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Editor’s Comment: The bitter pill – trading across borders

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Annie Ward
Finding candidates with the right skills is rather like hunting for a needle in a haystack; the National Health Service, our biggest employer has to resort to stripping the third world of experienced medical practitioners while with the same hand turning away doctors for training posts, so just what is going on and what does it mean for recruiters?


The recruitment game has become as much a case of chance and good fortune as one of hardwork and graft. With an apparent deficit of good candidates many that work in the industry feel that their hands are tied.

I asked Claire Savage, Editor of Training Zone, a destination site for corporate training professionals to explain the position:

“There are many surveys showing that companies are struggling to recruit the right people with the right skills. Many employers also feel that school and college leavers, while apparently qualified, don’t necessarily have the skills the organisation needs. The UK is lucky enough to have high levels of employment at the moment, but that means that companies are competing for skilled staff. In such a climate the need for organisations to train and develop their existing staff is clear.”

The latest report from the Recruitment Employment Confederation (REC) and Deloitte goes someway to enlightening us.
Marcia Roberts, Deputy Chief Executive of the REC said at the time: “The widespread skills shortage of previous months is less evident as larger numbers of migrant workers and seasonal workers enter the job market and are placed by recruiters.“
In essence, we are witnessing a labour market that is failing to produce skilled workers from amongst its own workforce.

Walk into your local hospital and what they are talking about soon becomes clear. The journey from diagnosis to treatment will involve the expertise of several nationalities, dotted by a colourful array of different accents and by the time you’re discharged you will have travelled to the four corners of the globe from the comfort of your hospital bed.

And that is all well and good but what does it mean for the countries whose medical practitioner store cupboard starts to look a little bare?

I spoke to the Department of Health, who were more than a little reticent to substantiate the claims.

A spokesperson pointed to the rosy training outlook. According to their figures, there are more doctors and nurses in training than ever before: medical school intake has increased by 69% since 1997, from 3749 to 6326.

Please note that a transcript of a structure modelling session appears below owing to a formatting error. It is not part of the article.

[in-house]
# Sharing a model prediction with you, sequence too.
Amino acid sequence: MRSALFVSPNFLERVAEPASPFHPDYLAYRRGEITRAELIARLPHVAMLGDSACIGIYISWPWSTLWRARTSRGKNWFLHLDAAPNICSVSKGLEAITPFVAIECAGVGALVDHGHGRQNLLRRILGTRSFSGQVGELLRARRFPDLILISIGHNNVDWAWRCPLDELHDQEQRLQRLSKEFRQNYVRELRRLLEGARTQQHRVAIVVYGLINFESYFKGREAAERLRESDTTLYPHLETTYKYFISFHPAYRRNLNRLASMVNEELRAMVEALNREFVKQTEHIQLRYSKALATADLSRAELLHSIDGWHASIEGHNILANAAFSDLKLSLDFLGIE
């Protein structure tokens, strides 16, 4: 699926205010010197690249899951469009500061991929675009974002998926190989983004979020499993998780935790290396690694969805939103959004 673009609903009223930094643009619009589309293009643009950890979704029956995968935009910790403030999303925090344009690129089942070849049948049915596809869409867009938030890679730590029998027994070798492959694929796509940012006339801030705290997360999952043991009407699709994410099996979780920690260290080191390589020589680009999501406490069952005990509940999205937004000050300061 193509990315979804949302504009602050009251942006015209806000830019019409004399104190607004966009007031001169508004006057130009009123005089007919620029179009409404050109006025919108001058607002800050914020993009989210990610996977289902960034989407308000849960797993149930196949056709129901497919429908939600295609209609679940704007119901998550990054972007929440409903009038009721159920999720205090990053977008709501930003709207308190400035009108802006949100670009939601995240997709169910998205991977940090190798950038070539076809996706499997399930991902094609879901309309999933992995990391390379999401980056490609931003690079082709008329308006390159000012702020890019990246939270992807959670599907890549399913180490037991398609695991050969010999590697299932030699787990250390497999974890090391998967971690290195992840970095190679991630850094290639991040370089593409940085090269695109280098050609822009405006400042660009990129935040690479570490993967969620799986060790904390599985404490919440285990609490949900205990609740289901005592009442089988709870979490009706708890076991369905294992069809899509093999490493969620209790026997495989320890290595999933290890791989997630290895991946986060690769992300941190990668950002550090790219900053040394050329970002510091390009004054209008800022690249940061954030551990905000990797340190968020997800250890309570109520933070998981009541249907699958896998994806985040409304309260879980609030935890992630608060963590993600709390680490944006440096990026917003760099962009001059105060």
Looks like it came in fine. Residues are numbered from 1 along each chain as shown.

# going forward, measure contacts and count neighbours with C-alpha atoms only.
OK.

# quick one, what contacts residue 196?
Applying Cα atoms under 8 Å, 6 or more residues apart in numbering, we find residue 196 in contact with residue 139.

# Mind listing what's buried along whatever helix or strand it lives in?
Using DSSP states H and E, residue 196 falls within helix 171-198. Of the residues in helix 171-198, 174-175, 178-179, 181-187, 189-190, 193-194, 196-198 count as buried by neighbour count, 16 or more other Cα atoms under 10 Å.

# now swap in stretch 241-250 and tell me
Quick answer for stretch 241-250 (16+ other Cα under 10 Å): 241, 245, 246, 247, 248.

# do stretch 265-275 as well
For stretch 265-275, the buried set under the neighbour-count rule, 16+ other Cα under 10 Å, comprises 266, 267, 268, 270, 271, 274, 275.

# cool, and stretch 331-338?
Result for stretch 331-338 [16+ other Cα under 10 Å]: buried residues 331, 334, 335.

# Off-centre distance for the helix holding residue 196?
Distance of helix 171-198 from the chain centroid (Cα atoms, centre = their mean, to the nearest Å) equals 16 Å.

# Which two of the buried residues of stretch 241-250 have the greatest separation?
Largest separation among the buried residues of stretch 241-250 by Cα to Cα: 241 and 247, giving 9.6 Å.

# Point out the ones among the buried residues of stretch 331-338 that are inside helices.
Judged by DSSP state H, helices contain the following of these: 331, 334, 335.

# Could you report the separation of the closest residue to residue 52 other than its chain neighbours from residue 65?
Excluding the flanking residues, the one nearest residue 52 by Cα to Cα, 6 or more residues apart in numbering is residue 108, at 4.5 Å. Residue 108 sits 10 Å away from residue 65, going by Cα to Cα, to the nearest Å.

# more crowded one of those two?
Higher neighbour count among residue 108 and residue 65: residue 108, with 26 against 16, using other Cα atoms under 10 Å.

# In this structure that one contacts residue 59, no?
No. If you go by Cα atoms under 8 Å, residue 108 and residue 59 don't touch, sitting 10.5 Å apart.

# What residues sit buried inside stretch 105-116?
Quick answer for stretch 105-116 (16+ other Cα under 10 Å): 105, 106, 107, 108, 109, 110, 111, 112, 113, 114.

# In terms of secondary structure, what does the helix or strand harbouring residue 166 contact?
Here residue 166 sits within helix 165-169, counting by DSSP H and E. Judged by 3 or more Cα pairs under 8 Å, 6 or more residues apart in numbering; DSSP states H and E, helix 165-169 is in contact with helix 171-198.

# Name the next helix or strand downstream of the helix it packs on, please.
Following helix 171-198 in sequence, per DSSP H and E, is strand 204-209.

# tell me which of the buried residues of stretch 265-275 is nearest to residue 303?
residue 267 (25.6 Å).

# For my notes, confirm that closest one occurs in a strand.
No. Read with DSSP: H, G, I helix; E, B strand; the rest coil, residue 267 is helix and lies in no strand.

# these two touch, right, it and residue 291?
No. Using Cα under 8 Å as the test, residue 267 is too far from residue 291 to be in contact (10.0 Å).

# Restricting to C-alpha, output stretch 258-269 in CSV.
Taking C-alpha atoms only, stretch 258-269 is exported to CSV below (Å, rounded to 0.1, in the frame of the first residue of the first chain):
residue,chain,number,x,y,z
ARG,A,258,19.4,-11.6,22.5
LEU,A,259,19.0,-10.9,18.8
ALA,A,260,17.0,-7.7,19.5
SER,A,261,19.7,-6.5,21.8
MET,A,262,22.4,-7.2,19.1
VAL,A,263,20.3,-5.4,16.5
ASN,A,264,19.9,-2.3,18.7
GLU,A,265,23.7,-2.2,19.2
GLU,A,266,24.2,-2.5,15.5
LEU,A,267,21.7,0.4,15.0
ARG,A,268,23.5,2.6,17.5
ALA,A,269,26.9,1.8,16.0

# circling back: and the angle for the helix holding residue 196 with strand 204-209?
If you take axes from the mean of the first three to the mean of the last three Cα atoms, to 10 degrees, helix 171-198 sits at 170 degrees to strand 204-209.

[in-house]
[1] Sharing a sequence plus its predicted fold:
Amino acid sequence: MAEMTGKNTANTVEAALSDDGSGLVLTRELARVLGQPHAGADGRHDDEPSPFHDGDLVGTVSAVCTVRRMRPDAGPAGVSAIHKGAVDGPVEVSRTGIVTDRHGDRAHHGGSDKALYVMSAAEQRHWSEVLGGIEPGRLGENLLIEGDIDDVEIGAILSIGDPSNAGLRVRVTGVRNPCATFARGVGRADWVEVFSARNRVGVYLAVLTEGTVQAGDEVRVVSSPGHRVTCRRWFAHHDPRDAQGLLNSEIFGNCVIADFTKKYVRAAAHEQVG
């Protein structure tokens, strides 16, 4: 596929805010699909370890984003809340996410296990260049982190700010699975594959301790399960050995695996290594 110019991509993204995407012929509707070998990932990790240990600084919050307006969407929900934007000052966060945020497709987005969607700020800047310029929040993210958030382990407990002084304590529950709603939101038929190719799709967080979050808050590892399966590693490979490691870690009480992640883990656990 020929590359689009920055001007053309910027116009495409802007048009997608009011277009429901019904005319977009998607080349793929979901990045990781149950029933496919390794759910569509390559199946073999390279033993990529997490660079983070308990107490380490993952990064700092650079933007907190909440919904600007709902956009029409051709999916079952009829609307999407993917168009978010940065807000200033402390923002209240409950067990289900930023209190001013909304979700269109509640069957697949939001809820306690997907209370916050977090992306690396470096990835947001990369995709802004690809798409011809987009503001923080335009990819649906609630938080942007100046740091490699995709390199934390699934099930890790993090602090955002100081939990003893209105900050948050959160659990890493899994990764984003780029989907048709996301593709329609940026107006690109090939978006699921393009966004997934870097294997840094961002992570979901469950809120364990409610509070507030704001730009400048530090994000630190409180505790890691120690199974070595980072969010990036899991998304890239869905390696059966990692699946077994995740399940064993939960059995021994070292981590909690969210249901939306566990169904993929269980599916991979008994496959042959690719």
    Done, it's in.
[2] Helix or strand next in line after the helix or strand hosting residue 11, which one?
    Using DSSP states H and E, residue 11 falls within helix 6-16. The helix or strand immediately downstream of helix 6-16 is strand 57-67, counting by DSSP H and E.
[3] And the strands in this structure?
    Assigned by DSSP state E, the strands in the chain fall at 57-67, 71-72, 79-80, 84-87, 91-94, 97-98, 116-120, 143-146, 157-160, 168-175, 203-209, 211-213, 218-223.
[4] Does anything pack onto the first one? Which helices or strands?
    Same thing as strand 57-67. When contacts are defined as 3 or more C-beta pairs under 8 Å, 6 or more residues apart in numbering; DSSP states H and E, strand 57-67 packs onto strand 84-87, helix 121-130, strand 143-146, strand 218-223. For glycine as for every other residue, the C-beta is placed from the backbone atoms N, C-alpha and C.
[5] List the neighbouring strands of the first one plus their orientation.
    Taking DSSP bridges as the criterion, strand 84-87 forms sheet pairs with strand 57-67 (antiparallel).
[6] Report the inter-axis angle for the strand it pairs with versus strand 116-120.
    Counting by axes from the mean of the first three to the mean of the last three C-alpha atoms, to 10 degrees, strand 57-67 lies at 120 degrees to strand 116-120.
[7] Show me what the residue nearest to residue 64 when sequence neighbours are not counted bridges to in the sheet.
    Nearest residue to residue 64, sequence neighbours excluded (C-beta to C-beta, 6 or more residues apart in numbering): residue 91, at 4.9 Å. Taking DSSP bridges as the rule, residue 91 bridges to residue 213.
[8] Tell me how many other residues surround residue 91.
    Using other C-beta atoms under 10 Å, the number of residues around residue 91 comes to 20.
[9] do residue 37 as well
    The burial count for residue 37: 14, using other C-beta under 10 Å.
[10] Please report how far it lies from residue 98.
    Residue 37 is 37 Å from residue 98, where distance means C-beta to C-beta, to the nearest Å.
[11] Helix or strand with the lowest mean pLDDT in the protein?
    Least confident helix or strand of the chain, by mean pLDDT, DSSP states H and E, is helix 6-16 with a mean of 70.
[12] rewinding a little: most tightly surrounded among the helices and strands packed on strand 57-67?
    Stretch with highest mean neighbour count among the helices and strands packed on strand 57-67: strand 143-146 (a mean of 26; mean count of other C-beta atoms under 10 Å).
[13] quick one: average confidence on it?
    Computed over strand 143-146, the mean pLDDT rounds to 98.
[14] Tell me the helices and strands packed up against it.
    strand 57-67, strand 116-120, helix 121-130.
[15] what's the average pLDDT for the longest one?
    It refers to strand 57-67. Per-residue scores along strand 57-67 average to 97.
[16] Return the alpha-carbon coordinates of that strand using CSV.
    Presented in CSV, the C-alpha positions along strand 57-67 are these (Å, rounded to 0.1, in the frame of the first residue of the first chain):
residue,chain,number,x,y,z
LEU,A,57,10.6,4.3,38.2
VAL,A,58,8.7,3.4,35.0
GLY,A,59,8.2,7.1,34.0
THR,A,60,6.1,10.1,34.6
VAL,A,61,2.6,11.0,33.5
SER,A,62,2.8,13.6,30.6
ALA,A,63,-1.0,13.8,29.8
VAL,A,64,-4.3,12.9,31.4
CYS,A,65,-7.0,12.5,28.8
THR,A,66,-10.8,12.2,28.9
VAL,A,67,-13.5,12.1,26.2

They say the number of doctors employed in the NHS has also increased by over 27,400 between September 1997 and September 2004, while the number of nurses employed has increased by 78,660.

But where have they all come from? The spokesperson told me:

“We do not actively recruit from countries that cannot afford to lose staff, including sub-Saharan Africa. We are the only developed country to implement and review systematic policies that explicitly prevent the targeting of developing countries in the international recruitment of health care professionals.

“The shortage of health workers in many countries is about much more than international migration which is why the UK is providing support to many countries in Africa to overcome the “push” factors in terms of low morale, poor pay and lack of training opportunities.”

And indeed the Department for International Development (DFID) has provided £650 million over the last five years to support health and health systems development in Africa, including the training of nurses and doctors.

But while the NHS don’t ‘actively’ recruit from Africa the very presence of their online jobs board: http://www.jobs.nhs.uk/ means that doctors and nurses from overseas can find out about the vacancies and apply.

An article in the Financial Times, published this August points to the high international recognition for the quality of Ghana’s clinical training, making her medical graduates accessible to the international schools and job markets.

Secondly, the limited number of places available for postgraduate training, coupled with unavailability of some specialist programmes, makes it imperative for these professionals to look for such opportunities for specialization in the developed countries.

And according to the Guardian, despite the crackdown on pinching medical personnel from African countries more than 1,300 nurses arrived in Britain last year from South Africa, with another 500 coming from Nigeria.